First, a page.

For 25 years since its founding, Musical Bridges Around the World has embodied the notion that music is a universal language, able to transcend physical borders, cultural misperceptions and political enmity to bring people together.
In that spirit, the arts nonprofit will celebrate UNITYFest from Feb. 2-5 at venues around San Antonio with a series of free concerts in various musical styles. The name is a rebranding of the group’s annual International Music Festival, the result of a conversation between Musical Bridges co-founder Anya Grohkovsky and First Lady of San Antonio Erika Prosper.
“We were talking about Musical Bridges and the impact it’s had throughout the years in uniting people through music,” Prosper said. The new name speaks to what the festival does rather than simply describing what it is, she said.
Grokhovsky said that, while every Musical Bridges season brings international chamber music performers to San Antonio, the festival allows the freedom to explore different genres such as folk music and jazz.
Over four days, the festival will bring people together to celebrate a mix of cultures, she said.
UNITYfest opens Feb. 2 with a 25th anniversary Silver Jubilee concert at the new Buena Vista Theater downtown. Grokhovsky called the event “a sort of family concert, celebrating the founders” of Musical Bridges, including herself on piano, her former spouse Valeri Grokhovski, also a pianist, her violinist brother Mark Cheikhet and his 11-year-old daughter Eleanor, a piano student of Grokhovsky who will perform a Mozart sonata.
The San Antonio chamber music ensemble Agarita will join the jubilee, anchored on piano by Daniel Anastasio, another former student of Grokhovsky who two decades ago took part in Musical Bridges’ “child prodigy” concerts. And lastly, Veronica Williams will sing. Williams is now better known as a soprano, but also once studied piano with Grokhovsky.
The Buena Vista Theater features a large digital screen that will allow Musical Bridges to show “family pictures” from events of the past two and a half decades, she said.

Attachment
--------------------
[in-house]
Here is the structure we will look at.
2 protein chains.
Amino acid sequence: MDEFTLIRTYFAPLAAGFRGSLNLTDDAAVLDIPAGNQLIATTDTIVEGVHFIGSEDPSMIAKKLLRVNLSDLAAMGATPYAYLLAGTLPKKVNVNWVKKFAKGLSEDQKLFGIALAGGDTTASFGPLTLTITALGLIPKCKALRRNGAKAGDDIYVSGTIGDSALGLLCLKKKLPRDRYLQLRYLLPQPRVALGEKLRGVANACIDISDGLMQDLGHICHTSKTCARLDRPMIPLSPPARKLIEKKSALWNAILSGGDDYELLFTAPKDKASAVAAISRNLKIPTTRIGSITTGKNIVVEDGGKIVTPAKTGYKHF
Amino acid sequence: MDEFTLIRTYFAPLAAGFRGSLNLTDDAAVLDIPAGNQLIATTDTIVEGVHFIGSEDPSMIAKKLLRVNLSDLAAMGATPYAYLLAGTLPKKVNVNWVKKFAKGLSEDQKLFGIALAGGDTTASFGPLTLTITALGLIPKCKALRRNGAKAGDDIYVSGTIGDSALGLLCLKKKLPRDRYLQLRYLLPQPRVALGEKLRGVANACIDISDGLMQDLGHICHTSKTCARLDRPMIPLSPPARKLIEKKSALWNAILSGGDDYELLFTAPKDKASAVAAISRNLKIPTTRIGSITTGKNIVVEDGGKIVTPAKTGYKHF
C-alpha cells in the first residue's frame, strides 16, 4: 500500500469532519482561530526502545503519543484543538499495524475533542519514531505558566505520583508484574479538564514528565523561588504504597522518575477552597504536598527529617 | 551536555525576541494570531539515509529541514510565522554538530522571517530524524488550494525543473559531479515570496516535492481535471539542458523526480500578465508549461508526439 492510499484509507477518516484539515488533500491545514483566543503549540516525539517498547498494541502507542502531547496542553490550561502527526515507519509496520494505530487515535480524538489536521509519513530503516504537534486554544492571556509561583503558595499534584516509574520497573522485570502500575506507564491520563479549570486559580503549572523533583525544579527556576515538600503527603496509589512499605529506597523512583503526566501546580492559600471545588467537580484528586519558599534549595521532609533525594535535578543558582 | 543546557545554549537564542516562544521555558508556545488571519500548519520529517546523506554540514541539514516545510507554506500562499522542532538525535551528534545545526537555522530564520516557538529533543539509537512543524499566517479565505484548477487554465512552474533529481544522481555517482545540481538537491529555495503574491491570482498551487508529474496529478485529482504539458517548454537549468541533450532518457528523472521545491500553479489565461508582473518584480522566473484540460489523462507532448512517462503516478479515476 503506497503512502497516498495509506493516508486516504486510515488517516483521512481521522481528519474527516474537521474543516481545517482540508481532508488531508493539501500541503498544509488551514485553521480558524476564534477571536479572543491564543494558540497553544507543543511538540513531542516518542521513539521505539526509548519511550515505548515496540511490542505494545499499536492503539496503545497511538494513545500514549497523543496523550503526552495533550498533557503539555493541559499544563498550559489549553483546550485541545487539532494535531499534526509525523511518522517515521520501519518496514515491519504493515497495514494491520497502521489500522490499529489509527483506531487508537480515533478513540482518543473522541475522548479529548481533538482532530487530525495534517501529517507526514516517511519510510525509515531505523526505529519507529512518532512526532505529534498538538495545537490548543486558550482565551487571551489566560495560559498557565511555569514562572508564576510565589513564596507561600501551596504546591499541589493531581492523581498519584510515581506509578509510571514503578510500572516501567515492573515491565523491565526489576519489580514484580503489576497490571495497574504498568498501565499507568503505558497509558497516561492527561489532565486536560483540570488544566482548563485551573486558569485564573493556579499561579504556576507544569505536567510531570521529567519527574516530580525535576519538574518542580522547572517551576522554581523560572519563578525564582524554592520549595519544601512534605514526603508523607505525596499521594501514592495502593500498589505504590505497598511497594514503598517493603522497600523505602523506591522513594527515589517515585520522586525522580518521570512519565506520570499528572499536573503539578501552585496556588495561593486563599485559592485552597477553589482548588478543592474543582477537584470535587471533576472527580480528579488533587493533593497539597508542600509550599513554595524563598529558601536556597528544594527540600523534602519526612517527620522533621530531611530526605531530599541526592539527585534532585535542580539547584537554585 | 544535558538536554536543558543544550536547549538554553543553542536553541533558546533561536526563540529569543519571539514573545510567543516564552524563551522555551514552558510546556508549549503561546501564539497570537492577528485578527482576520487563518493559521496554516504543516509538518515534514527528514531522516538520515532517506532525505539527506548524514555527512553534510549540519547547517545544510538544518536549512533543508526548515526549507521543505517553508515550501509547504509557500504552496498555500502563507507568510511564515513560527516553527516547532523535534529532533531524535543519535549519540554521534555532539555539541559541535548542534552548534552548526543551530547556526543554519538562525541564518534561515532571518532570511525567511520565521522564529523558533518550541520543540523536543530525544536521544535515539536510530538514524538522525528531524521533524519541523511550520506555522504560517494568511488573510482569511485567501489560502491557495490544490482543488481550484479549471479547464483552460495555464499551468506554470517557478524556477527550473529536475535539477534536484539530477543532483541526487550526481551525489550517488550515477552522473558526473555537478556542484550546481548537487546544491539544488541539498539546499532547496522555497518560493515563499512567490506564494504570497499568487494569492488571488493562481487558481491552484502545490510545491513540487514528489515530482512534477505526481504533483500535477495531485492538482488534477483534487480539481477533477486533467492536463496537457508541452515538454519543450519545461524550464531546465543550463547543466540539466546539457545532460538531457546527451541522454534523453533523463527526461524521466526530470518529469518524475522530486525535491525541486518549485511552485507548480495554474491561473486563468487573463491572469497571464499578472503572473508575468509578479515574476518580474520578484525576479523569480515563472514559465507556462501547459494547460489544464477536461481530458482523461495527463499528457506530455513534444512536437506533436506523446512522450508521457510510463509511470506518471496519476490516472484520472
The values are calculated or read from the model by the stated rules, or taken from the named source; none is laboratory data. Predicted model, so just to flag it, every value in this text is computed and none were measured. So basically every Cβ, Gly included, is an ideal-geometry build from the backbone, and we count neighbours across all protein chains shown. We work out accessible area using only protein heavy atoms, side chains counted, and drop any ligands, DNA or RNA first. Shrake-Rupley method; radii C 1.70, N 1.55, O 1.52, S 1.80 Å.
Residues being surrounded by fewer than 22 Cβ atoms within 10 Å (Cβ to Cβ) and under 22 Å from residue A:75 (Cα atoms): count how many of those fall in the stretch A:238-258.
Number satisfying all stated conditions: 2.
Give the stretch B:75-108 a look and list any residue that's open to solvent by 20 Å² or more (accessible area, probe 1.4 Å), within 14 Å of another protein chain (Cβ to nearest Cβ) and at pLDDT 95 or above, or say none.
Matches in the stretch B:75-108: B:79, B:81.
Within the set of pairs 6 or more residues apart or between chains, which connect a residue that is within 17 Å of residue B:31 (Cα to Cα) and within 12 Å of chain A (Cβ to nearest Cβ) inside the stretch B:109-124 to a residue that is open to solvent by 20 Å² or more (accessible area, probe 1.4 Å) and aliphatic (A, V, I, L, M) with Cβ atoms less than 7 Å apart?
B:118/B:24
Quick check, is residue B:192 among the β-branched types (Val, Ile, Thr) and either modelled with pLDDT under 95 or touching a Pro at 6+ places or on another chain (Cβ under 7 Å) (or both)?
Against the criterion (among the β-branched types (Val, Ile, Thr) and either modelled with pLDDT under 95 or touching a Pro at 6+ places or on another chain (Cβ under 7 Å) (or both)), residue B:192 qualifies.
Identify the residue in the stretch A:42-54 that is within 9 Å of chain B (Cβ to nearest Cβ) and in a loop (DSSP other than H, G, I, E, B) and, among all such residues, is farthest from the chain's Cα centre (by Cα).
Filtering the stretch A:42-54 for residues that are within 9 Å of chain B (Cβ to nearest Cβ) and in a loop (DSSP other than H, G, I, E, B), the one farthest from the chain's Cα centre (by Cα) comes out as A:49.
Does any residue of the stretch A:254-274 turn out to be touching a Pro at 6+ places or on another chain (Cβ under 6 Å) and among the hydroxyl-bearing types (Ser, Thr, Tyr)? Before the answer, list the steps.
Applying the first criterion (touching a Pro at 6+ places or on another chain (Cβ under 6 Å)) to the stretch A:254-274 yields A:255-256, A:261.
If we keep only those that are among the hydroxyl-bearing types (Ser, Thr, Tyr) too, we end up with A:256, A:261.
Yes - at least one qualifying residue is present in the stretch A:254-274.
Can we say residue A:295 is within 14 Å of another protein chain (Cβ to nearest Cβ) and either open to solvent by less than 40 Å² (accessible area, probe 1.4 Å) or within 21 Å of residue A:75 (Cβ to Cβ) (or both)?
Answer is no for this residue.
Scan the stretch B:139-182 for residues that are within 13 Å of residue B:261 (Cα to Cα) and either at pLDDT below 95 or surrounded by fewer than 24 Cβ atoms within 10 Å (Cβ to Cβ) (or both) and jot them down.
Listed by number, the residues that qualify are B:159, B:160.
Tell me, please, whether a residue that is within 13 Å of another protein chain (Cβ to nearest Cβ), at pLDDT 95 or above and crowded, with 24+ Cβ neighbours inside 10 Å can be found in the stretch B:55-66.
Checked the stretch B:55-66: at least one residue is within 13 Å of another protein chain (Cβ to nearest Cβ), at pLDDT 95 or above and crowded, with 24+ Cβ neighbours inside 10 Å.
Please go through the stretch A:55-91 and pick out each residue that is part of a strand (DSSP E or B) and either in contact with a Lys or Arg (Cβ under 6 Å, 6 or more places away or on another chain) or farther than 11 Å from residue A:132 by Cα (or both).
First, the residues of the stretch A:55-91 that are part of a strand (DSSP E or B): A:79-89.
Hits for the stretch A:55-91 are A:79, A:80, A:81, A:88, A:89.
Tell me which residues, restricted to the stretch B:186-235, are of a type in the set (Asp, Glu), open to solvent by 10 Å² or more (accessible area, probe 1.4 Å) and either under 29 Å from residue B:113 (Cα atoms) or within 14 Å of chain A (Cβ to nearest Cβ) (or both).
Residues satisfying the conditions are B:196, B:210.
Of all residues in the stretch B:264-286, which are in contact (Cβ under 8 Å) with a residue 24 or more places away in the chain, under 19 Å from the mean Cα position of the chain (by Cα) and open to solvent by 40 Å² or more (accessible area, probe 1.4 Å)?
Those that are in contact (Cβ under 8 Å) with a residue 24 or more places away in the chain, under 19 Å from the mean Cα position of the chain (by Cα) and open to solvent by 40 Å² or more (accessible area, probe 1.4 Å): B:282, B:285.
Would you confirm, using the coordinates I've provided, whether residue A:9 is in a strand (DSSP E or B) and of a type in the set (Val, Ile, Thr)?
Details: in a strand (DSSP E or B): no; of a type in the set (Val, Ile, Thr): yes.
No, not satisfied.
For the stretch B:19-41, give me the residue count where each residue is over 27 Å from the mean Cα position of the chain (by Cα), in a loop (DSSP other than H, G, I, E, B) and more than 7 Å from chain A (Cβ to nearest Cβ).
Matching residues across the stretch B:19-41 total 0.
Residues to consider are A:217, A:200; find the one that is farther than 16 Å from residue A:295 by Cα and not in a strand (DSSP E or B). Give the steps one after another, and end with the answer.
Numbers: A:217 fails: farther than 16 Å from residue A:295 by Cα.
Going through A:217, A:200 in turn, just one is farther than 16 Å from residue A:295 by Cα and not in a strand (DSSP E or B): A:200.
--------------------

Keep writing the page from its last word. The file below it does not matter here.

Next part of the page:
The Bill Charlap Trio will perform Feb. 3 at the Carver Community Cultural Center’s Jo Long Theatre. Regulars of New York’s Jazz at Lincoln Center and the Village Vanguard, the trio will play classic jazz from the American songbook, including music by Duke Ellington and Billy Strayhorn, Dave Brubeck and Kenny Burrell.
The Coates Chapel on UTSA’s Southwest School of Art campus will host the Russian-French piano duo Ludmila Berlinskaya and Arthur Ancelle for a “Tea for Two” concert Feb. 4. The duo will perform four-hand piano arrangements by Tchaikovsky and Rachmaninoff, among their repertoire.
On Feb. 5 in the H-E-B Performance Hall of the Tobin Center for the Performing Arts, Gurwitz 2020 International Piano Competition silver medalist Yedam Kim will return to perform with the Gwangju Symphony Orchestra directed by Seokwon Hong. The “East Meets West” concert will celebrate the sister city relationship between San Antonio and Gwangju, South Korea.
There could not be a better setting for UNITYFest than San Antonio, Prosper said. The city “truly embraces its role as a constellation city here in the United States that has remained consistent in its belief of unifying San Antonians” of all cultural backgrounds.
UNITYFest will wrap up Sunday evening in the grand lobby of the St. Anthony Hotel with the Silver Soirée, a ticketed awards ceremony honoring friends and supporters of Musical Bridges. Tickets are $100 each.
All other UNITYFest events are free with registration, available through the Musical Bridges website.